The scientist’s investigation covers issues in Immunology, Interleukin 10, Immune system, Inflammation and Cytokine. His Immunology study frequently draws connections to adjacent fields such as Cell biology. His biological study deals with issues like Interleukin, which deal with fields such as Cancer, Immune tolerance, Adoptive cell transfer and Colorectal cancer.
The concepts of his Immune system study are interwoven with issues in Mast cell, Gene and Bioinformatics. In his work, Immunopathology, Interleukin-7 receptor and Interferon gamma is strongly intertwined with FOXP3, which is a subfield of Inflammation. Axel Roers has researched T cell in several fields, including Molecular biology and CD8.
Axel Roers focuses on Immunology, Cell biology, Mast cell, Interleukin 10 and Immune system. His study in T cell, Inflammation, Cytokine, B cell and Immunoglobulin E are all subfields of Immunology. His research in T cell intersects with topics in Cytotoxic T cell, CD8, Antigen and Molecular biology.
His research investigates the connection with Cell biology and areas like In vivo which intersect with concerns in In vitro. His Interleukin 10 research includes elements of Interleukin and FOXP3. His study in Immune system is interdisciplinary in nature, drawing from both Receptor and Immunopathology.
His primary scientific interests are in Cell biology, Immunology, Mast cell, Haematopoiesis and Stem cell. Axel Roers interconnects Microphthalmia-associated transcription factor, Transcription factor, Receptor, Degranulation and In vivo in the investigation of issues within Cell biology. His Immunology study is mostly concerned with Inflammation, Interleukin 10, Immunoglobulin E, Acquired immune system and Autoimmune disease.
The study incorporates disciplines such as Interleukin, Dendritic cell and Macrophage differentiation in addition to Interleukin 10. His Mast cell study incorporates themes from Blood pressure, Immune system, Pattern recognition receptor, Cell type and Histamine. In his research, Molecular biology is intimately related to Phenotype, which falls under the overarching field of T cell.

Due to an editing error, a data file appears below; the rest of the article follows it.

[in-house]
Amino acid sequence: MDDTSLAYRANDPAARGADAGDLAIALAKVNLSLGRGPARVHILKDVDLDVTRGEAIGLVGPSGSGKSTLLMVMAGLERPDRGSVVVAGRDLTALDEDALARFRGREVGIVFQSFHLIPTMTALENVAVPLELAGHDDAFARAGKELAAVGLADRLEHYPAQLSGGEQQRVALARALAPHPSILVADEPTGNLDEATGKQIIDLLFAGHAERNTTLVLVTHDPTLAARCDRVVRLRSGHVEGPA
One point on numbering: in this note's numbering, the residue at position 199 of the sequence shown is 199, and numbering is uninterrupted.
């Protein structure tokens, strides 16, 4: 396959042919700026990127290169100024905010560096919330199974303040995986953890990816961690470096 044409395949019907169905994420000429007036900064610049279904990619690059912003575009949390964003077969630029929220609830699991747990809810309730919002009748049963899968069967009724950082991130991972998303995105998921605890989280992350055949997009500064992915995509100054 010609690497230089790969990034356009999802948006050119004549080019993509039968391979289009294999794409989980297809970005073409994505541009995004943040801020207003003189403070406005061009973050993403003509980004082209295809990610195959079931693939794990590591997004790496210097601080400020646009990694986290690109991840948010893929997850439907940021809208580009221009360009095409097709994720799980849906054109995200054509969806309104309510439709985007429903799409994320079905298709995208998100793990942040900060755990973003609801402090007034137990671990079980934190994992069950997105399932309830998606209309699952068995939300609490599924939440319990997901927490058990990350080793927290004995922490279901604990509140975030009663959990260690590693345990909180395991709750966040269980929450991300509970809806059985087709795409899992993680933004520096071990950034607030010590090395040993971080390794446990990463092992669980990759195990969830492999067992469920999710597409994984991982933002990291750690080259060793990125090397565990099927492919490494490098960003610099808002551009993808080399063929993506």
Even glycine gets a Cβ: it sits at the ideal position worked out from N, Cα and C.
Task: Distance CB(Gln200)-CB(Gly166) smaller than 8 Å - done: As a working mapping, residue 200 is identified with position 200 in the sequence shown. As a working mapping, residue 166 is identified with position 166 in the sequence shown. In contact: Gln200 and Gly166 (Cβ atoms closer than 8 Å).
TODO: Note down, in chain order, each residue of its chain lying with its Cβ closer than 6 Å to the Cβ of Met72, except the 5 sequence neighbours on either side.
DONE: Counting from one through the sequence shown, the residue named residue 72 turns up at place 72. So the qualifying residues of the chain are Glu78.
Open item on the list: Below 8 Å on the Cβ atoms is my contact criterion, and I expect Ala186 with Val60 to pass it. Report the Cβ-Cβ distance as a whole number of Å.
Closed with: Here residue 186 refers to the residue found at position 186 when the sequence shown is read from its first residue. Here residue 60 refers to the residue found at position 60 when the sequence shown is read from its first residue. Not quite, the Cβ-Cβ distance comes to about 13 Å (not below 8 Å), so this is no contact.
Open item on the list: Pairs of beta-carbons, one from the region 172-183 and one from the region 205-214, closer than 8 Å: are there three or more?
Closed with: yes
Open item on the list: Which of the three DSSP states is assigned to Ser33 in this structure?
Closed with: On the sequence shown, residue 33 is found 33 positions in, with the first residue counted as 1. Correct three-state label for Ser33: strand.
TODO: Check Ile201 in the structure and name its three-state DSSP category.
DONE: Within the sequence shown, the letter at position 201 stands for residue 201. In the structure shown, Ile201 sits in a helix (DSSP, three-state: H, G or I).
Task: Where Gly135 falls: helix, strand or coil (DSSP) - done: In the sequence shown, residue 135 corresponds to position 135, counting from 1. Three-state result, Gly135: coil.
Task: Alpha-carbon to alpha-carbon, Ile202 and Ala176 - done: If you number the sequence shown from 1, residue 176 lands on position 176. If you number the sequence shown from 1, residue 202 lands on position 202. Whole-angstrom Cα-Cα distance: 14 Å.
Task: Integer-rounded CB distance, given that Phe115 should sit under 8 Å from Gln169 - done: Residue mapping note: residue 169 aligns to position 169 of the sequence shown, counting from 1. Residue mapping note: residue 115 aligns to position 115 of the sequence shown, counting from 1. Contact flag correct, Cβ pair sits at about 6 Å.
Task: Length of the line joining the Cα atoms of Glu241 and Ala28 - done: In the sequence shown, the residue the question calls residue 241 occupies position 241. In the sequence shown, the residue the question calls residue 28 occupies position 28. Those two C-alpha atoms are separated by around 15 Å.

Axel Roers mostly deals with Cell biology, Mast cell, Immunology, Immunoglobulin E and Innate immune system. The Cell biology study combines topics in areas such as Aryl hydrocarbon receptor and Degranulation. His Mast cell research incorporates themes from Transcription factor, Blood pressure, Prostaglandin D2, Anaphylactic reactions and Pharmacology.
When carried out as part of a general Immunology research project, his work on Inflammation, Three prime repair exonuclease 1 and Cytokine is frequently linked to work in Potential source, therefore connecting diverse disciplines of study. His studies in Immunoglobulin E integrate themes in fields like Enhancer, Microphthalmia-associated transcription factor, GATA2 and Histamine. His Innate immune system research is multidisciplinary, incorporating elements of Chemotaxis, Neutrophil extracellular traps, Sepsis and Peritonitis.
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Regulatory T Cell-Derived Interleukin-10 Limits Inflammation at Environmental Interfaces
Yuri P. Rubtsov;Jeffrey P. Rasmussen;Emil Y. Chi;Jason Fontenot.
Clonal Expansions of Cd8+ T Cells Dominate the T Cell Infiltrate in Active Multiple Sclerosis Lesions as Shown by Micromanipulation and Single Cell Polymerase Chain Reaction
Holger Babbe;Axel Roers;Ari Waisman;Hans Lassmann.
Journal of Experimental Medicine (2000)
Differential Roles of Macrophages in Diverse Phases of Skin Repair
Tina Lucas;Ari Waisman;Rajeev Ranjan;Jürgen Roes.
Journal of Immunology (2010)
Mast cell and macrophage chemokines CXCL1/CXCL2 control the early stage of neutrophil recruitment during tissue inflammation.
Katia De Filippo;Anne Dudeck;Mike Hasenberg;Emma Nye.
Multiple sclerosis: Brain-infiltrating CD8(+) T cells persist as clonal expansions in the cerebrospinal fluid and blood
Christian Skulina;Stephan Schmidt;Klaus Dornmair;Holger Babbe.
Proceedings of the National Academy of Sciences of the United States of America (2004)
Mast Cells Are Key Promoters of Contact Allergy that Mediate the Adjuvant Effects of Haptens
Anne Dudeck;Jan Dudeck;Julia Scholten;Anke Petzold.
T cell-specific inactivation of the interleukin 10 gene in mice results in enhanced T cell responses but normal innate responses to lipopolysaccharide or skin irritation.
Axel Roers;Lisa Siewe;Elke Strittmatter;Martina Deckert.
Journal of Experimental Medicine (2004)
Recognition of Endogenous Nucleic Acids by the Innate Immune System.
Axel Roers;Björn Hiller;Veit Hornung;Veit Hornung;Veit Hornung.
Interrelation of immunity and tissue repair or regeneration.
Sabine A. Eming;Matthias Hammerschmidt;Thomas Krieg;Axel Roers.
Seminars in Cell & Developmental Biology (2009)
Nonredundant Roles for B Cell-Derived IL-10 in Immune Counter-Regulation
Rajat Madan;Filiz Demircik;Sangeetha Surianarayanan;Jessica L. Allen.
Journal of Immunology (2009)
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